I also read a book a couple years back, written by an actual ex-Delta team member (Inside Delta Force, by Eric Haney), that was all about the incredible process of making the cut AND what they really do (almost like clandestine operatives, they are the only element of the military who have long hair, beards, and do not dress in uniform unless part of a military action—almost more, at times, like spies or undercover agents than soldiers, which I did not know and thought was pretty amazing, given the training they’ve endured and survived). Delta’s actual commission is the war on terrorism. So I imagined this “all-American”, smart, athletic/academic-scholarships-galore, who only wanted one thing: to serve his country and to do it as a member of Delta.
THEN, what happens when he comes home? Because too many brave men and women are not getting the treatment they need and that our country owes them (ten times over), and I wondered what if this once all-American kid, from smalltown U.S.A. and Special Forces, was accused of multiple murders.
I know you have previously worked with service members; did you confer with them in doing any research for “Honor Land”?
I did, when I first came up with the idea. The last guy I mentioned above (and by the way, their names are not secret; I dedicated the book to them)—top academy cadet? He went “Blue-to-Green”—Air Force-to-Army—because he wanted to join Special Forces. Unfortunately, after making the cut through paratrooper school and some other tough qualifiers, he was injured in one of the training exercises, severely enough (like a football player) that he could not “play again” (i.e. continue Special Forces training). Big bummer. God blessed them, however, with a first child, then TWINS—or maybe it’s the other way around—but things happen for a reason I guess.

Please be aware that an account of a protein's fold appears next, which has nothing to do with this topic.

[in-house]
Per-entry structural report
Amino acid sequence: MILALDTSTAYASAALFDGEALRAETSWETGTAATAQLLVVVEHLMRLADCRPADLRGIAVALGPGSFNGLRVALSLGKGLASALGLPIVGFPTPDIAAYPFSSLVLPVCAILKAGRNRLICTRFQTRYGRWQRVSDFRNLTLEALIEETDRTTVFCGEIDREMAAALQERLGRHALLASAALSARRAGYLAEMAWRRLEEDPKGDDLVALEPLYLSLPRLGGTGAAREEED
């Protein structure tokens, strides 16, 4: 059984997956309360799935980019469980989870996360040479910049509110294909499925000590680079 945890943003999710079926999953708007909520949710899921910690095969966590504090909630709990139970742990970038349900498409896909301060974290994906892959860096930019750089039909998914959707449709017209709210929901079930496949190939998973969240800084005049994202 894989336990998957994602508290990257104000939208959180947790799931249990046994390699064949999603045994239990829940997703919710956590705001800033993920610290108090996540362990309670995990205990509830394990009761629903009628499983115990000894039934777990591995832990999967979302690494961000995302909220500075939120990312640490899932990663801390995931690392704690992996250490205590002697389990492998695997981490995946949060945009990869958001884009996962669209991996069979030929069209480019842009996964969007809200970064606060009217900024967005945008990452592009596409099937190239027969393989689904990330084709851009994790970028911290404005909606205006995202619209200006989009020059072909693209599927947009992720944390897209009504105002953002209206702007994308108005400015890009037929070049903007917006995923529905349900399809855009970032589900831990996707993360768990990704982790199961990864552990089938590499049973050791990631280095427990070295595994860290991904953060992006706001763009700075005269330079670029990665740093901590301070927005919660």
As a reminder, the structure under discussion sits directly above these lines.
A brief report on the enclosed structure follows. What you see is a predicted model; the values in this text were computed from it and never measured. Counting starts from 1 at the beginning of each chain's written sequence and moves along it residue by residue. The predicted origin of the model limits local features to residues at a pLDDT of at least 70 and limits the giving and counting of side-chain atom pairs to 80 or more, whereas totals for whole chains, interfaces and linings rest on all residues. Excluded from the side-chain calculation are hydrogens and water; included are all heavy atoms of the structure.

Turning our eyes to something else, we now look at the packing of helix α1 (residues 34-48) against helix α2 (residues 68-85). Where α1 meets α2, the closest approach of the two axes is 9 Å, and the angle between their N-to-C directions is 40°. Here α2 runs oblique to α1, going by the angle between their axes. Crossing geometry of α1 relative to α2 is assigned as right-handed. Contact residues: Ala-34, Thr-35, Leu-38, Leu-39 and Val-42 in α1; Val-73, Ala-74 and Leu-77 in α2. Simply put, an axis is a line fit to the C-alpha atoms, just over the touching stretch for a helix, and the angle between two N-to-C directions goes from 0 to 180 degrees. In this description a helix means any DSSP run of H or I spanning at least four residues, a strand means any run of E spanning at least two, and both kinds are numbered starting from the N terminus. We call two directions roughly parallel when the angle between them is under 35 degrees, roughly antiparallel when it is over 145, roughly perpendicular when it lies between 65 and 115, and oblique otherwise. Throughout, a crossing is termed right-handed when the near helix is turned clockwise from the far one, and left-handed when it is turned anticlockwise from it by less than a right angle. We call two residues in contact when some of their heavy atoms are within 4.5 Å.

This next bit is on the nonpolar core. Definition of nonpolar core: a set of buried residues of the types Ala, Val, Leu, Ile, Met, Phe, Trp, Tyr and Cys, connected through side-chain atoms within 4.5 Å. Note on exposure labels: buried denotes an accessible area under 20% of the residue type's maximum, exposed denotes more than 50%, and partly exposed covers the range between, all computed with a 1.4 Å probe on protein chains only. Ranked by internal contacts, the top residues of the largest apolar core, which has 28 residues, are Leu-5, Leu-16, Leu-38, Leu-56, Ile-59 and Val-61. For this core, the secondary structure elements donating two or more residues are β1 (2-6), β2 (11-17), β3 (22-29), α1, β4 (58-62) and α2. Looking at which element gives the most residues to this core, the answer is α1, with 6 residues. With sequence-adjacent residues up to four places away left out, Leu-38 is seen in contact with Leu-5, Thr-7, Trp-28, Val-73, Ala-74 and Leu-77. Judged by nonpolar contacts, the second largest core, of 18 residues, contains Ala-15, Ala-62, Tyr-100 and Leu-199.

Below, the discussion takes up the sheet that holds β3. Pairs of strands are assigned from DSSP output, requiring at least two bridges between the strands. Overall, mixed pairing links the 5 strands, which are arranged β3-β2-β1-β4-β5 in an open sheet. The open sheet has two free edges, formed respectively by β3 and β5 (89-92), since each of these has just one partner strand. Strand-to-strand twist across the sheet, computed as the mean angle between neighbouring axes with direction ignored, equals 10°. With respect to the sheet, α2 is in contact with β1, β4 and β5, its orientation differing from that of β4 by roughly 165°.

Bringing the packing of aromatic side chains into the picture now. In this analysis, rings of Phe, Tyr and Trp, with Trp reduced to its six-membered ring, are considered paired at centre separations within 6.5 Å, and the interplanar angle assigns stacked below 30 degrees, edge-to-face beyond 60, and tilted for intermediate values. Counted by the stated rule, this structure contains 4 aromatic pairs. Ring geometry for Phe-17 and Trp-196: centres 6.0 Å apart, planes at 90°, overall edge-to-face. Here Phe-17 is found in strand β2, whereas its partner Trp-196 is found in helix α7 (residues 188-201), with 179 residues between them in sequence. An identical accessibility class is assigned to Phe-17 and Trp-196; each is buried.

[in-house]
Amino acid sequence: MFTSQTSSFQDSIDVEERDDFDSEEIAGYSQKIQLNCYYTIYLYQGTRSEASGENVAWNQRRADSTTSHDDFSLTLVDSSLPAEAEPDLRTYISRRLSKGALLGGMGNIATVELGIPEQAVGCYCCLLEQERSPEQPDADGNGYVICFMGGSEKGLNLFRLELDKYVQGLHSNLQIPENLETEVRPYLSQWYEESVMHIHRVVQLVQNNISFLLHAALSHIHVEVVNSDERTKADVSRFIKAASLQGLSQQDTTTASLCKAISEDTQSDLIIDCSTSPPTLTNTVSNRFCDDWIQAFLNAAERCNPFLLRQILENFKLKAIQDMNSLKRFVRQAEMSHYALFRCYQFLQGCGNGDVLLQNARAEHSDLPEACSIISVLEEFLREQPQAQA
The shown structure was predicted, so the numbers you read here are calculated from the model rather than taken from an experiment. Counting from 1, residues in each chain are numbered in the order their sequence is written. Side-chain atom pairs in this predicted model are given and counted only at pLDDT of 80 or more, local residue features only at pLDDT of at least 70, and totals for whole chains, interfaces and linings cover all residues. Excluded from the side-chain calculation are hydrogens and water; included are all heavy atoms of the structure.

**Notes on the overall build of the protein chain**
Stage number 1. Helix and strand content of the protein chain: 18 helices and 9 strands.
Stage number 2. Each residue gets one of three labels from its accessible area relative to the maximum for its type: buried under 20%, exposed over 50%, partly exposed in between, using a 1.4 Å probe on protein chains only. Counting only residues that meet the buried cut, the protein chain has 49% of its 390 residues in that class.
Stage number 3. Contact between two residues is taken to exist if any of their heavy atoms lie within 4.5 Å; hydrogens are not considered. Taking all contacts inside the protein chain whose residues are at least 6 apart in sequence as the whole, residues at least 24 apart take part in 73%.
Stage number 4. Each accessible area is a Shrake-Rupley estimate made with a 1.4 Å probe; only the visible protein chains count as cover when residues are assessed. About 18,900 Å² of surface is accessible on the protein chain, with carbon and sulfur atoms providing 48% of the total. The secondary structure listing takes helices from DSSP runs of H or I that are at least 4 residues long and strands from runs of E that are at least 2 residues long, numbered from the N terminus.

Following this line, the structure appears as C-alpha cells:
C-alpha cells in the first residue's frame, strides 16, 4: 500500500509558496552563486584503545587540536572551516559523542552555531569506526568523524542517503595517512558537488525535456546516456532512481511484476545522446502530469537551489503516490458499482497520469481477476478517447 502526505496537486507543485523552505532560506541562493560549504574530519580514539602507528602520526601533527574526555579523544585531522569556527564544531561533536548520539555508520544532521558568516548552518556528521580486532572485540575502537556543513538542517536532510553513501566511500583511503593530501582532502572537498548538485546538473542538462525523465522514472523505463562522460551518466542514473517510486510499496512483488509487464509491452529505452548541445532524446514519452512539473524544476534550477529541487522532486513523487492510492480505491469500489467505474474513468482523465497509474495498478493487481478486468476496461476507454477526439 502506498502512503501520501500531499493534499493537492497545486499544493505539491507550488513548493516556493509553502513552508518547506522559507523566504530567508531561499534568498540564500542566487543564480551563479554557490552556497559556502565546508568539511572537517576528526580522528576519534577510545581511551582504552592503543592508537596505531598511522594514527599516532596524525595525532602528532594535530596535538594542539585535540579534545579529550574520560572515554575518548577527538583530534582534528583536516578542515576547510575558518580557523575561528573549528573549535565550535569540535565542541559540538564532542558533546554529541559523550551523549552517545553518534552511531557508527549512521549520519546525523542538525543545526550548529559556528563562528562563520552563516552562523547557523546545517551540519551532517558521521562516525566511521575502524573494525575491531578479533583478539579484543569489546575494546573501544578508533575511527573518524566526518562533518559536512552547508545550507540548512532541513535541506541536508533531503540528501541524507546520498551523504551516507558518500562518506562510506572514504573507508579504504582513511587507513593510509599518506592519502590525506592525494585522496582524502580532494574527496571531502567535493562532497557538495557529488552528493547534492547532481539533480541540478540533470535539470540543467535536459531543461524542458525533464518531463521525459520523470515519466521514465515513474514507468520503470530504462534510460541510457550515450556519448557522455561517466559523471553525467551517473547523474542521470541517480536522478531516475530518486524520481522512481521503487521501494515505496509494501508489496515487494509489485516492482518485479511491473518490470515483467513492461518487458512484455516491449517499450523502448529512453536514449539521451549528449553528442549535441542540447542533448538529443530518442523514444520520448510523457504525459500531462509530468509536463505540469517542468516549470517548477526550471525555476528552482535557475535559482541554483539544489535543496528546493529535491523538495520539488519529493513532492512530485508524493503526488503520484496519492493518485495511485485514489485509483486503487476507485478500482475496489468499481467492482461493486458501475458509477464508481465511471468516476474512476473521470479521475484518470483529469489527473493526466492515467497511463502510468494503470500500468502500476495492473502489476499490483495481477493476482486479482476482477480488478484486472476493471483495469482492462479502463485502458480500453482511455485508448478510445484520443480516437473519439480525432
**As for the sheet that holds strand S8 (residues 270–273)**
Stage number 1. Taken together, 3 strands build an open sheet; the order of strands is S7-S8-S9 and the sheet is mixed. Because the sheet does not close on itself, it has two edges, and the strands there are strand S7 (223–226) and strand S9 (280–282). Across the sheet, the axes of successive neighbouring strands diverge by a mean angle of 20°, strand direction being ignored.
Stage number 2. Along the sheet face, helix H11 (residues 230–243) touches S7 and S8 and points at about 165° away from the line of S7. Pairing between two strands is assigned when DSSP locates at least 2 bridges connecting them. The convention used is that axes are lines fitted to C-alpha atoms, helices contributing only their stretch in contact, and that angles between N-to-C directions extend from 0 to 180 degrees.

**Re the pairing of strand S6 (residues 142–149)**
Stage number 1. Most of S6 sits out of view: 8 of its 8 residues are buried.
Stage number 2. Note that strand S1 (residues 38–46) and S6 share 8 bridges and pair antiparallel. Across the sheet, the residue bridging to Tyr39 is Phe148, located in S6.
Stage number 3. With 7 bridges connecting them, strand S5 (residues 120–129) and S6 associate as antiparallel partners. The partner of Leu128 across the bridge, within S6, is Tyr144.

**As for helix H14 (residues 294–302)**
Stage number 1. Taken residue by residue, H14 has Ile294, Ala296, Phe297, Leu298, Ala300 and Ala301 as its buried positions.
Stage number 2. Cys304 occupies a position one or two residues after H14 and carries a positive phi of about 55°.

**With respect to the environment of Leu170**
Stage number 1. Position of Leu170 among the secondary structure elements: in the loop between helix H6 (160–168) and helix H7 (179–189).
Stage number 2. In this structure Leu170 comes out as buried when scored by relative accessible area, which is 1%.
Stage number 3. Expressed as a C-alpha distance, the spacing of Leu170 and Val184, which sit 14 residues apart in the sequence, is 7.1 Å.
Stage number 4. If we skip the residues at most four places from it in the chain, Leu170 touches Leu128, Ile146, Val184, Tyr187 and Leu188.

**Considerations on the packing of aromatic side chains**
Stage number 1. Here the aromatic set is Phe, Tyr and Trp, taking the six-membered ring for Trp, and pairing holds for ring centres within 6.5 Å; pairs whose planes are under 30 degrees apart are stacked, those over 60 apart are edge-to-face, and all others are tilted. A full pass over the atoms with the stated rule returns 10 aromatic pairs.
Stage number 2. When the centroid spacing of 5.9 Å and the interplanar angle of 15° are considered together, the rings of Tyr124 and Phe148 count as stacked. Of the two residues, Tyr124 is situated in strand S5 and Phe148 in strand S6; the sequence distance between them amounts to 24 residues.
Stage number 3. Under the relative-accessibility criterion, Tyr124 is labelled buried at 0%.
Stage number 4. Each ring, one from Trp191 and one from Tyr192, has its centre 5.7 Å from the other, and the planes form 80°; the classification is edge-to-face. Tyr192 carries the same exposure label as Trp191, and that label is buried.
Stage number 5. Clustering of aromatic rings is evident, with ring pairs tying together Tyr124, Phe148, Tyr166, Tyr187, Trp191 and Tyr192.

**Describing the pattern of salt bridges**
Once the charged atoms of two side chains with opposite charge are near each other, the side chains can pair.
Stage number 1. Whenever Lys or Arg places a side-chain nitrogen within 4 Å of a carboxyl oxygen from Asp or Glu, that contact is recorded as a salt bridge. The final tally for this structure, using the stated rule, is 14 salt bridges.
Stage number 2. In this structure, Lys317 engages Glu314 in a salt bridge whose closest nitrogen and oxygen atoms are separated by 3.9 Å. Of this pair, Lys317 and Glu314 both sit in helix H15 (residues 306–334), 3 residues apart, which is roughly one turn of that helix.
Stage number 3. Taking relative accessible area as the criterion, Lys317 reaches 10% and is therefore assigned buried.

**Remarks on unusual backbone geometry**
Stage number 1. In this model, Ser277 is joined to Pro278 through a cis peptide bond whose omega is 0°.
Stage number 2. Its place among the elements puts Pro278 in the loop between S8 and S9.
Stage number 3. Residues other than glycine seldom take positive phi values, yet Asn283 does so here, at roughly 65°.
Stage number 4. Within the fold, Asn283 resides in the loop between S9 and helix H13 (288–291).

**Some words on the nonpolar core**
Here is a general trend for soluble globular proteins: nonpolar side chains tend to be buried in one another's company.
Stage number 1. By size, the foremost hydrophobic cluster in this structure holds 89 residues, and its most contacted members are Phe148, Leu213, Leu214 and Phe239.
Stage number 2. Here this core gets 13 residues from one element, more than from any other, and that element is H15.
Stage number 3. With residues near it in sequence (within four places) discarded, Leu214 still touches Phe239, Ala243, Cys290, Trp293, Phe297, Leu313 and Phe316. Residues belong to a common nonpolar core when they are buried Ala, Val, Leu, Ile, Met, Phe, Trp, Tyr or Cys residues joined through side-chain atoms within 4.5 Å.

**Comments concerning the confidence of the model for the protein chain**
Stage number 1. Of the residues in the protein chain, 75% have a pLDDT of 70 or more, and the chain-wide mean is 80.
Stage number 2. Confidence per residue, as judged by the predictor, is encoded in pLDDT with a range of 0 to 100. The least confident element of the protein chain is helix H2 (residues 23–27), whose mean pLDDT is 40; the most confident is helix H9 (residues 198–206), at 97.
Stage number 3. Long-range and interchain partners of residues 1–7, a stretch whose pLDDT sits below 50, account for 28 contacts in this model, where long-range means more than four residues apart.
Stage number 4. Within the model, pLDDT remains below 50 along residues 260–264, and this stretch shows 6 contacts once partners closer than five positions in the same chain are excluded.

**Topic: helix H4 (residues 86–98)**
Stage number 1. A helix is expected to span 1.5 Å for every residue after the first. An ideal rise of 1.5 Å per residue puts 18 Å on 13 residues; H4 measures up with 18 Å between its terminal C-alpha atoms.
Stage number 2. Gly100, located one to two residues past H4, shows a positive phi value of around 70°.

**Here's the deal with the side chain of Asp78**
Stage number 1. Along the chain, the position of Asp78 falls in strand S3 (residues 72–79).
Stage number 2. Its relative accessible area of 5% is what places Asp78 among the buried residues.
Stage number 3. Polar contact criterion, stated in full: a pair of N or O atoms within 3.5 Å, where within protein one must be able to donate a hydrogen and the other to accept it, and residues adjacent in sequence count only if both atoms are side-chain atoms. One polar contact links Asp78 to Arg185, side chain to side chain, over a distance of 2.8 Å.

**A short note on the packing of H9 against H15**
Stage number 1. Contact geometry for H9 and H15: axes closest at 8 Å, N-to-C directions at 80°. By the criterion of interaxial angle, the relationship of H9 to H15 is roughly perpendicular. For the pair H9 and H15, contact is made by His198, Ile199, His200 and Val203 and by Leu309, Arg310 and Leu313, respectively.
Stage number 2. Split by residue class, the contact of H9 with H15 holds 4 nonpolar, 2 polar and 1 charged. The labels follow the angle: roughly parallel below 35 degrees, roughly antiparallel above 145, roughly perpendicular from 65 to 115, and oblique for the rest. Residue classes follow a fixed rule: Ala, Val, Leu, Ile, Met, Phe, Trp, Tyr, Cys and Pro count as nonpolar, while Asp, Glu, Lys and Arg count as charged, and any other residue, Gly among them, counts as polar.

Also, I happen to know some guys who are in Special Forces units whose names I cannot share, of whom I also asked many questions–mostly about tempo, actual firefights, etc. The book is more introspective than soldier action, but I wanted—even if I was talking about the head of a man—to have as good an idea as possible of what he’s probably been through, both in training and in combat. Because it does change EVERY person, one way or another. It has to. And that’s what the book’s core theme is meant to be (and I hope people get it): these people are heroes, who protect YOUR right to spit on them, if you want; burn your own country’s flag; whatever. And they all know that. Yet they step up anyway. And that is why we can continue to live in the “Land of the Free”.
The climactic ending really grabbed and pulled the heart strings. Do you do anything special to get in the mood to write emotional scenes?
Not really. As you know, I establish a beginning point and a pretty good idea of where it will end (and what the core theme is all about) and I write the book as it comes to me, pulling most of it from my own heart, soul, experiences of pain, etc. Our two-month old son died of SIDS. Losing a child, as a parent, there’s not a lot of emotional pain or baggage that tops that. I pull from there when I need an emotional scene or to attempt to make the reader care.
What’s next for R.S. Guthrie?
Book #4 of the James Pruett Mystery/Thriller series, as yet Untitled. This one is going to take off where the Epilogue of Honor Land “left off”, and that’s all I am going say except that it is going to be the most character and action-packed yet! I am so excited about it. I already have the first 20-30% written in my head.
You’ve recently ventured into the audiobook market, tell us a little bit on how your experience has been with that.
So far, GREAT. I used to listen to audiobooks all the time on my commutes. At some point I got away from it, and in now listening to my own book being narrated back to me (and my wife, too) I am COMPLETELY sucked back into it—I swear, some of it is so goosebumps-raising and emotional that I keep thinking “I actually wrote that?” I know I shouldn’t probably admit that but DANG, audiobooks are a whole other experience.